The sixth Democratic presidential debate of the 2020 campaign, hosted by PBS and Politico, had seven candidates, lasted more than 2½ hours — and did not have many statements that merited fact-checking. Here are six claims that caught our attention, some of which may seem familiar from previous debates. Our practice is not to award Pinocchios in debate roundups.

“So, the mayor just recently had a fundraiser that was held in a wine cave full of crystals and served $900-a-bottle wine. Think about who comes to that. He had promised that every fundraiser he would do would be open-door, but this one was closed-door.”

— Sen. Elizabeth Warren (Mass.)

“Your presidential campaign right now as we speak is funded in part by money you transferred having raised it at those exact same big-ticket fundraisers you now denounce. Did it corrupt you, Senator? Of course not.”

— South Bend, Ind., Mayor Pete Buttigieg

Fireworks were spotted at the debate when Warren attacked Buttigieg for courting high-dollar donors in the Democratic primary, something she has eschewed this year, decrying the influence of money in politics.

Her attack misfired somewhat. Buttigieg did hold a high-dollar fundraiser in a wine cave, but it was not closed off to onlookers. In fact, it was the first fundraiser Buttigieg opened up after sustaining weeks of criticism from, among others, Warren. A reporter who attended it filed a pool report.

At the debate, Buttigieg responded by noting that Warren seeded her presidential campaign with a sizable financial transfer from her 2018 Senate campaign. For that race, Warren did not have the same restrictive fundraising practices in place that she does now.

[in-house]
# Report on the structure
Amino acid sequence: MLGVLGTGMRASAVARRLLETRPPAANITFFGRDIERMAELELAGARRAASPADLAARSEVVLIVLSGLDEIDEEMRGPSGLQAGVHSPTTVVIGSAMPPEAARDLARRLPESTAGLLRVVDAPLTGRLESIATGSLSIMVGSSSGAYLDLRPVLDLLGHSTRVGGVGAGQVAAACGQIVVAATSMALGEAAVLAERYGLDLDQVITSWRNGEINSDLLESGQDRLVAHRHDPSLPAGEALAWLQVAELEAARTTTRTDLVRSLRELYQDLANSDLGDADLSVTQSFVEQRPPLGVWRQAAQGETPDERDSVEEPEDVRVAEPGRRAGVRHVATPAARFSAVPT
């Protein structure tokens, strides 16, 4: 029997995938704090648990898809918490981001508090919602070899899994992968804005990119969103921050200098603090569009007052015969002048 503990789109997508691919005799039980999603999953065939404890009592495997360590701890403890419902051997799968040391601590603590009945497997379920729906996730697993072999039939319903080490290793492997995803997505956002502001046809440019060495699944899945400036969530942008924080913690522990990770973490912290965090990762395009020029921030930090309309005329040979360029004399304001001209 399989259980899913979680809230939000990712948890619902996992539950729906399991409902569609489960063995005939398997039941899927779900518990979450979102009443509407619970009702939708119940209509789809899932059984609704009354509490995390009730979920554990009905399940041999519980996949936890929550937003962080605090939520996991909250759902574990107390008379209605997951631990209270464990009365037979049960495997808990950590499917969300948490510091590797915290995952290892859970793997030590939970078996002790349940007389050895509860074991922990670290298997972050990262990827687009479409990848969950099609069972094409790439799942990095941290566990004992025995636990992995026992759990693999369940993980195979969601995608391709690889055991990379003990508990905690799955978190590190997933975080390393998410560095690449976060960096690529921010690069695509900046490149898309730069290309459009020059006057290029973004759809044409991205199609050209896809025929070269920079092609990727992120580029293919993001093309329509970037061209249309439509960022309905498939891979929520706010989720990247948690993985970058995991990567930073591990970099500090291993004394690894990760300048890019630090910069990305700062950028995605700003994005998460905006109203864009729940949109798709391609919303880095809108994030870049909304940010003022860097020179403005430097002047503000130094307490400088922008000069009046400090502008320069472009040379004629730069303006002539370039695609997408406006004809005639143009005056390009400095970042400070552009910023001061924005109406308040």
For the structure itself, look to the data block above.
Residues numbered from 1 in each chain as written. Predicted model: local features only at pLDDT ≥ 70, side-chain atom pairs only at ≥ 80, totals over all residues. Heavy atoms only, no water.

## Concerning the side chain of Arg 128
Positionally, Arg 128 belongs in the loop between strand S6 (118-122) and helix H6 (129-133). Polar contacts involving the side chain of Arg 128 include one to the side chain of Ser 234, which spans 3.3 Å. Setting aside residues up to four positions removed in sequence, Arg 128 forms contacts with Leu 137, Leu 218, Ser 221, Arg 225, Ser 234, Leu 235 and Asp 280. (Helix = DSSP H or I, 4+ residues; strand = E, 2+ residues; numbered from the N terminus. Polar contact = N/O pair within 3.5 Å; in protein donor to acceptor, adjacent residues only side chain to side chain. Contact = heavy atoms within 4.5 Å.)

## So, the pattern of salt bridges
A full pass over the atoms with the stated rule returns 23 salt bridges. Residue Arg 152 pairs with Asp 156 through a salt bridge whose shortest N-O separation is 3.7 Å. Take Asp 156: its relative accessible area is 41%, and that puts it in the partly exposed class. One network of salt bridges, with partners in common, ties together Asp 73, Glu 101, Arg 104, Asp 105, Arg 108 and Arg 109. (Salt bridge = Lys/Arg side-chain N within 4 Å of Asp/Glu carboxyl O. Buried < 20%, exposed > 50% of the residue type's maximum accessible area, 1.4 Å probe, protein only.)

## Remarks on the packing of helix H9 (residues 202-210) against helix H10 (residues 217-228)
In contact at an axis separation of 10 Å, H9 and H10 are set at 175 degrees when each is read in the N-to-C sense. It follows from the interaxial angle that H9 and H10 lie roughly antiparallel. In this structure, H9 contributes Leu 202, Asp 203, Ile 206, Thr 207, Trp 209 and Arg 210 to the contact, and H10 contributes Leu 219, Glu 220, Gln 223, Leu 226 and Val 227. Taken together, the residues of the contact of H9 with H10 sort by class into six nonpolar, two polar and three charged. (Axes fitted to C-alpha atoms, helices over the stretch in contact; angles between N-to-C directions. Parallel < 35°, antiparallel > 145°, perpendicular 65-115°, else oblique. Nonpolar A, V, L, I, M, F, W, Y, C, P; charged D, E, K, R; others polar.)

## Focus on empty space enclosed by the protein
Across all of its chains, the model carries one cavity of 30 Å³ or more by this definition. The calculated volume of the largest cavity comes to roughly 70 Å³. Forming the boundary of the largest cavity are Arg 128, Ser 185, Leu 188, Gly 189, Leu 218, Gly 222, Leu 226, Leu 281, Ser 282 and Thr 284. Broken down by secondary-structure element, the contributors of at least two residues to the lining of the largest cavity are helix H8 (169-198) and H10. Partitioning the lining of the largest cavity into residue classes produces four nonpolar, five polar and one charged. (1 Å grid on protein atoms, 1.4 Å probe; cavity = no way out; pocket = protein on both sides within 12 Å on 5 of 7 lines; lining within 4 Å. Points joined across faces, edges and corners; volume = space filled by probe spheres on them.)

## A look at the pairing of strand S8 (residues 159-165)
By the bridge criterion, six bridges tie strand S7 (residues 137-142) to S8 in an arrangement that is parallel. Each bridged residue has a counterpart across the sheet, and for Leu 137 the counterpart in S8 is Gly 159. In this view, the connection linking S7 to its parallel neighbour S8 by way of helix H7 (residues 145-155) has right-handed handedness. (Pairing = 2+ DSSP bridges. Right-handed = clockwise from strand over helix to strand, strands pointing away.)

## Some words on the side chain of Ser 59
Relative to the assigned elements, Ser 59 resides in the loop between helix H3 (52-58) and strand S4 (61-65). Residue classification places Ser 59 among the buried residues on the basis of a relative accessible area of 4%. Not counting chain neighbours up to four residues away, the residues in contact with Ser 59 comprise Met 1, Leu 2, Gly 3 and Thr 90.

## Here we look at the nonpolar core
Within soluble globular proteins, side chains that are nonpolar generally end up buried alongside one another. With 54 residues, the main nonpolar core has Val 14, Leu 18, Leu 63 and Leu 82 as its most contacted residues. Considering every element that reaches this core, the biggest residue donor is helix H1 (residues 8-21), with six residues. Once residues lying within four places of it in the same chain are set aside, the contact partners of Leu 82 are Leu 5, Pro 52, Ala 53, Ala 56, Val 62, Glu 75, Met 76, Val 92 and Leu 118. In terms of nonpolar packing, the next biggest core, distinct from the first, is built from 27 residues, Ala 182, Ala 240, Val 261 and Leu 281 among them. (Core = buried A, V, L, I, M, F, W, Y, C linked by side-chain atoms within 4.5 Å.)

As we've reported, Warren did seek out contributions from high-dollar donors when she last ran for Senate. Then, after winning reelection, she transferred $10.4 million from her Senate committee to her presidential campaign, which allowed her to get a head start in the primary race.

A search of Warren’s Federal Election Commission records for the 2018 Senate race showed max contributions of $5,400 from the chief executives of DreamWorks and Yelp, media mogul Haim Saban, philanthropist Alexander Soros, Facebook co-founder Chris Hughes, hedge fund owners and wealthy investors, and some donors who have given millions to the Democratic Party. Facebook Chief Operating Officer Sheryl Sandberg, film director Steven Spielberg and actress Barbra Streisand each donated $2,700 to Warren’s Senate campaign.

We previously gave Two Pinocchios to Warren for claiming her presidential campaign was “100% grassroots-funded.”